3. So y’all lose 5 million dollars and your answer is to hike the rates of our needed utilities 83%. If your ideal comparison is to model after Harris county than you are missing the point of living in the “country” in the first place. This is typical government, let’s tax the citizens harder for our mistakes. Side note 8% annual increase for 8 year is ridiculous. Are the city workers seeing any of this money via raises or bonuses?

  4. I think Councilman Headrick is the the only one who has sense also. How in the heck did we get in a 5 million dollar debt? We had wonder boy as city manager for years and all we ever heard as how good things were. I think when election time comes people should keep in mind of how good our council members are watching over the money.

    • Before long ALL country areas will be cut down and cemented, just one big expanding city. No where will be safe and no place to hide from big brother and government control.

  5. I don’t want to be controversial with City of Dayton Management, but as Director of the Dayton HA, I am very concerned about the increase in the water/sewer rates for our properties. I have to be concerned with my budget and how this affects me. My budget is in place already and now, it will reflect big overspending in water/sewer. They have us classified as a commercial customer, so our minimun per HH will be $85.00 and $5.25 per thousand gallons thereafter. In the letter explaining the rate increase, which begins with billing on April 26, 2022 and another 8% starting October 1, 2022, Mr. Floyd states that we are far below those of our neighbors in Harris County. Why are we compared to Harris County? In my opinion, there is no comparison. He also states that part of the plan is to get the City of Dayton back to a financially stable position.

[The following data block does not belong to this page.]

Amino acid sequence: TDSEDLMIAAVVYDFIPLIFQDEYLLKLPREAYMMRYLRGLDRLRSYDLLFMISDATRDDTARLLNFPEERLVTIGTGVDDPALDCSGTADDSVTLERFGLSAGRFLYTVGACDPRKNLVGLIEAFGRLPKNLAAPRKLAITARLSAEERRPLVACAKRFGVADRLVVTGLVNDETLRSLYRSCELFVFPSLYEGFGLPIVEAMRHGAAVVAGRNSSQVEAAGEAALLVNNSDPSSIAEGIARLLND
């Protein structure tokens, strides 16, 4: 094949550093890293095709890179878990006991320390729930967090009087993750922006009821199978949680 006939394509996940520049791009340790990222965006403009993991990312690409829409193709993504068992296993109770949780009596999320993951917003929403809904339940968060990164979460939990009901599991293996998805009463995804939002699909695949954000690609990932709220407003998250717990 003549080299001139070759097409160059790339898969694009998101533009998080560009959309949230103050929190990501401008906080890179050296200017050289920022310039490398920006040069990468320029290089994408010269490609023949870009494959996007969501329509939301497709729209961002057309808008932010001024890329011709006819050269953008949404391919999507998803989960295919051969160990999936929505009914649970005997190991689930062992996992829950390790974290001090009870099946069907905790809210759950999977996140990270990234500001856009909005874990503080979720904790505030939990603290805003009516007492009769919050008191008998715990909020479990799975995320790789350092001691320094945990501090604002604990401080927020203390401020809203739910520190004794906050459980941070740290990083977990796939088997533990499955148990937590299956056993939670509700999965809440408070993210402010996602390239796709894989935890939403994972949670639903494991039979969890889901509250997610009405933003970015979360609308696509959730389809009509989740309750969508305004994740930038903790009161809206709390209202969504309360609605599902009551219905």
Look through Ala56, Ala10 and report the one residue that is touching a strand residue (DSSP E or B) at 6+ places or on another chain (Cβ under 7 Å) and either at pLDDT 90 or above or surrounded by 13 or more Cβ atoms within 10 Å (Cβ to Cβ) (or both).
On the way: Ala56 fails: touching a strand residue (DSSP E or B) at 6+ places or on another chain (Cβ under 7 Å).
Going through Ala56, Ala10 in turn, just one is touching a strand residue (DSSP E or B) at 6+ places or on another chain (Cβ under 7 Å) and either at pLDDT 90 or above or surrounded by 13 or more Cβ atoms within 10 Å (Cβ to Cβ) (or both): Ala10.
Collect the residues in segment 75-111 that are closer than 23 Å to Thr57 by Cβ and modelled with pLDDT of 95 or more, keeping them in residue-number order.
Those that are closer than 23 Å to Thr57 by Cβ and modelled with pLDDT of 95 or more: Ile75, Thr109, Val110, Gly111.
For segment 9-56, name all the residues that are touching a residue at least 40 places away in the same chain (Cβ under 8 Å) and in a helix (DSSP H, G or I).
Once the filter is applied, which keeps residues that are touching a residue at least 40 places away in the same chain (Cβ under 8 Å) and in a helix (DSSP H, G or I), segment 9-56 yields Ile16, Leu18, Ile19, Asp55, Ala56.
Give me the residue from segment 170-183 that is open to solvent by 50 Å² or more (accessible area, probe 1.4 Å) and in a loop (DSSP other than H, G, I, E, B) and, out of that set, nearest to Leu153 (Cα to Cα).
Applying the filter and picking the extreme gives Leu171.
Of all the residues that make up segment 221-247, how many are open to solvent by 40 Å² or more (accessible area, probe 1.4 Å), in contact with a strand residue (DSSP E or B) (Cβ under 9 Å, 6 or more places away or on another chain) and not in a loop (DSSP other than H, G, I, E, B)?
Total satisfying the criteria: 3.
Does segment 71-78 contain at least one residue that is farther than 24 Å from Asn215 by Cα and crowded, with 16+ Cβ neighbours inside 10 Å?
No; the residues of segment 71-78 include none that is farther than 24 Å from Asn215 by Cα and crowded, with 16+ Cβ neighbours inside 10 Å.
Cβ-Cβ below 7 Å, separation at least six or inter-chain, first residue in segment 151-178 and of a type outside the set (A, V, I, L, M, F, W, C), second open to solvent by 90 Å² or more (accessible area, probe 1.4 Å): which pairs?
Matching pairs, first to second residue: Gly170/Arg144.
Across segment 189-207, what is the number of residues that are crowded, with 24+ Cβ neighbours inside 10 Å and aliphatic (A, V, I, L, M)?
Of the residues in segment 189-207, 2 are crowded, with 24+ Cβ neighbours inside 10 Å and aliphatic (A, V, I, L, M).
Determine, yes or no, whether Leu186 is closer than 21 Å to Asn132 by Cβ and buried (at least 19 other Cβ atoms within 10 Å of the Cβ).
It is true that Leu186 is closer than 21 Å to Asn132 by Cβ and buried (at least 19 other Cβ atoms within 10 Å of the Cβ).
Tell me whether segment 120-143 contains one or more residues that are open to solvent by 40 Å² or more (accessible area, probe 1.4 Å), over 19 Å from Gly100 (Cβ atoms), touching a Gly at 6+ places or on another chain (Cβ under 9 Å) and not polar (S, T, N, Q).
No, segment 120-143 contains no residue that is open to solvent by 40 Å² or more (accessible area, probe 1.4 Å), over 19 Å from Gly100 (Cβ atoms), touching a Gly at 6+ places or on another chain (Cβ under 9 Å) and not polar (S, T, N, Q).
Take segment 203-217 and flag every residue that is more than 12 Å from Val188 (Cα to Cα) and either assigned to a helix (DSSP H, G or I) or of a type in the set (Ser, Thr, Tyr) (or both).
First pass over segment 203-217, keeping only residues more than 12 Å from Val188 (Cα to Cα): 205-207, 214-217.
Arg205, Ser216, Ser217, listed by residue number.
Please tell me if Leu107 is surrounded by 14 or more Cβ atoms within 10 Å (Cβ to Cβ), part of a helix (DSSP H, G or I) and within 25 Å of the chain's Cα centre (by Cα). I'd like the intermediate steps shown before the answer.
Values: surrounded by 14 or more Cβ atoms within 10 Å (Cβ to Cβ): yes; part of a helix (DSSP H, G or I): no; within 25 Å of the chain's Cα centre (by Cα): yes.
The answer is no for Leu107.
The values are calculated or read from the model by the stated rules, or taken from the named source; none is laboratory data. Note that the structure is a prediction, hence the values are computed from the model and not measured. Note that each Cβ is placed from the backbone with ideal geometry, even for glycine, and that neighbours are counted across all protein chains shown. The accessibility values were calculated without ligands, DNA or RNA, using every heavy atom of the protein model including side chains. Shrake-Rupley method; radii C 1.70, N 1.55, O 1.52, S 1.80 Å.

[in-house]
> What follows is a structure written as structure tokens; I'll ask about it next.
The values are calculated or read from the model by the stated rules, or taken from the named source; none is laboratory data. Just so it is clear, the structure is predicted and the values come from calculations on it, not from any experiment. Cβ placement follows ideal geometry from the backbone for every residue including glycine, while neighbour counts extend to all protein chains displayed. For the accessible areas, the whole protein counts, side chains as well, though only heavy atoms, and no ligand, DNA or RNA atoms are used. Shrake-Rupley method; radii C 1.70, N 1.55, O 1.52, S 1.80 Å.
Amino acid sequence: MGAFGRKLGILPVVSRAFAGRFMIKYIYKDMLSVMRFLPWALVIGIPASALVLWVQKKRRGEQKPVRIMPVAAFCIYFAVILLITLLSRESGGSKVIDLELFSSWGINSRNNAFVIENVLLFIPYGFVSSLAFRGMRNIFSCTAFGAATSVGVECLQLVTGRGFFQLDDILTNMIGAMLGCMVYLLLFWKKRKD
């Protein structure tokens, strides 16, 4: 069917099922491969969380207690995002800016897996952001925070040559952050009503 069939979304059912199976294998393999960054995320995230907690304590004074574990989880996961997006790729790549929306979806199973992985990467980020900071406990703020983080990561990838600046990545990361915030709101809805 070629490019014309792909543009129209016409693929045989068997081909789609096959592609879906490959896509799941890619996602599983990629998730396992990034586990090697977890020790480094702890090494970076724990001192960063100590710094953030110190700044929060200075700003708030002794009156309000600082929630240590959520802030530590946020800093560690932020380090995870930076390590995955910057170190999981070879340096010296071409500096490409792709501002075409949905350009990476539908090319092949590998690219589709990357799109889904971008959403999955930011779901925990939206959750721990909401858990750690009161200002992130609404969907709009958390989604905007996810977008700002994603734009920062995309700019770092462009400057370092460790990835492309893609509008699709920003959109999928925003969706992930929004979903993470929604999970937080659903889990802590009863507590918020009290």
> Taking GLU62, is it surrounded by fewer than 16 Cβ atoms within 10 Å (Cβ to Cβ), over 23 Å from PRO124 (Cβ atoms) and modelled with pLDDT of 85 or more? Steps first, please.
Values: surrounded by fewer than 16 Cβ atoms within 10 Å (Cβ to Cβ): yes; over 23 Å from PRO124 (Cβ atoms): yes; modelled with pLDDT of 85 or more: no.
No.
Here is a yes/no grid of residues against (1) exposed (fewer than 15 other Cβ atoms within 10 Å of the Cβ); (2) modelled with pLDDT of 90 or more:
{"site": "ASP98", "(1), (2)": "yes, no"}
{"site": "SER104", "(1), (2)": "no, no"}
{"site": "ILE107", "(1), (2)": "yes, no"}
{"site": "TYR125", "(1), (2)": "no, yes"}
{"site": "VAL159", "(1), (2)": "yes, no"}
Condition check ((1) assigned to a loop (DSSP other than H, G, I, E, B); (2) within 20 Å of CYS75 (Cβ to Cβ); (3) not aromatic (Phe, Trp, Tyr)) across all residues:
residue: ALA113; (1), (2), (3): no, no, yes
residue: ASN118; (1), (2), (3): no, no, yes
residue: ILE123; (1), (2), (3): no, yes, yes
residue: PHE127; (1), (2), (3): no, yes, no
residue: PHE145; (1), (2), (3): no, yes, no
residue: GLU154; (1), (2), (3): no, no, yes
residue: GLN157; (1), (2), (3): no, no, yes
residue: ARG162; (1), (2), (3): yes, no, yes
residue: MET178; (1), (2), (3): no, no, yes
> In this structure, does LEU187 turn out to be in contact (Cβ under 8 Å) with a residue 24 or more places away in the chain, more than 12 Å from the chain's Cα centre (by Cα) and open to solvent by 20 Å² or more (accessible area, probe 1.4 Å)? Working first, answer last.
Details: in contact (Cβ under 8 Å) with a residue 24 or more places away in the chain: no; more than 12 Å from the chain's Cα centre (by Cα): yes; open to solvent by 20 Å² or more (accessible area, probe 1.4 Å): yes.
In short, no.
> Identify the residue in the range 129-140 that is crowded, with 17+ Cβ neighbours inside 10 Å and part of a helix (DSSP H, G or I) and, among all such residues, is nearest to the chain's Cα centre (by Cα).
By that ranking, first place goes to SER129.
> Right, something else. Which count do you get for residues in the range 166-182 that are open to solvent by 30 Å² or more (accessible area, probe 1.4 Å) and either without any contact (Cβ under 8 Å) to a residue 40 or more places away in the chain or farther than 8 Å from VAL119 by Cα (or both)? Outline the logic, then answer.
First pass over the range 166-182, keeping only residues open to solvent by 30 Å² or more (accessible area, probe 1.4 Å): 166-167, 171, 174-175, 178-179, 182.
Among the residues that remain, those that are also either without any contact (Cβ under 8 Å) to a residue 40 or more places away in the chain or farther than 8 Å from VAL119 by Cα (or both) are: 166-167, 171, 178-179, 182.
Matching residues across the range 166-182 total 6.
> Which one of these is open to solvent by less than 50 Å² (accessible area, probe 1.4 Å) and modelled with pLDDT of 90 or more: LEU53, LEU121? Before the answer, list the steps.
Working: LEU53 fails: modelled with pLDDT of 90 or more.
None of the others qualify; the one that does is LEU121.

So, as citizens of Dayton, we are paying for the financial instability of the city, not caused by the Citizens.
    I have been told there will be a Council meeting on May 16, 2022 at the Community Center at 6:00 pm that I can attend. I don’t know if you can speak or have to be on the agenda, but every citizen in Dayton should be at this meeting.

  6. Vote these clowns out. You voted them in. They are irresponsible. This debt thing did not happen overnight. They didn’t see it? The mayor and council see financial statements at every meeting.

  7. 83 percent and additional 8percent for the next 8 years….. Sounds like there is an agenda that is hidden…. What is next the property taxes going up to match Harris county…. Unfortunately it’s not going to stop cause no one as a group has time to miss work to fight over this cause we the people are struggling as it is now. To take advantage of people struggling do to many reasons starting with this so called fedral government and drips down all the way to our small town government. Unbelievable! Congratulations on having your tax payer pay for your mistakes. Wish we all could get away with that

  8. How many Dayton families are going to struggle with this rate of increase? This hike is way too much all at once during these uncertain times we are already trying to adjust to. It’s shamefully unjust for the folks of Dayton, Tx. What in Gods name were they thinking??

  9. I do not think we should pick up the Citys financial problems that was created by someone not doing their job How did this happen and I agree with the person who said why are we compared to Harris County. Some one is responsible for this and should be held accountable its not the citizens who live here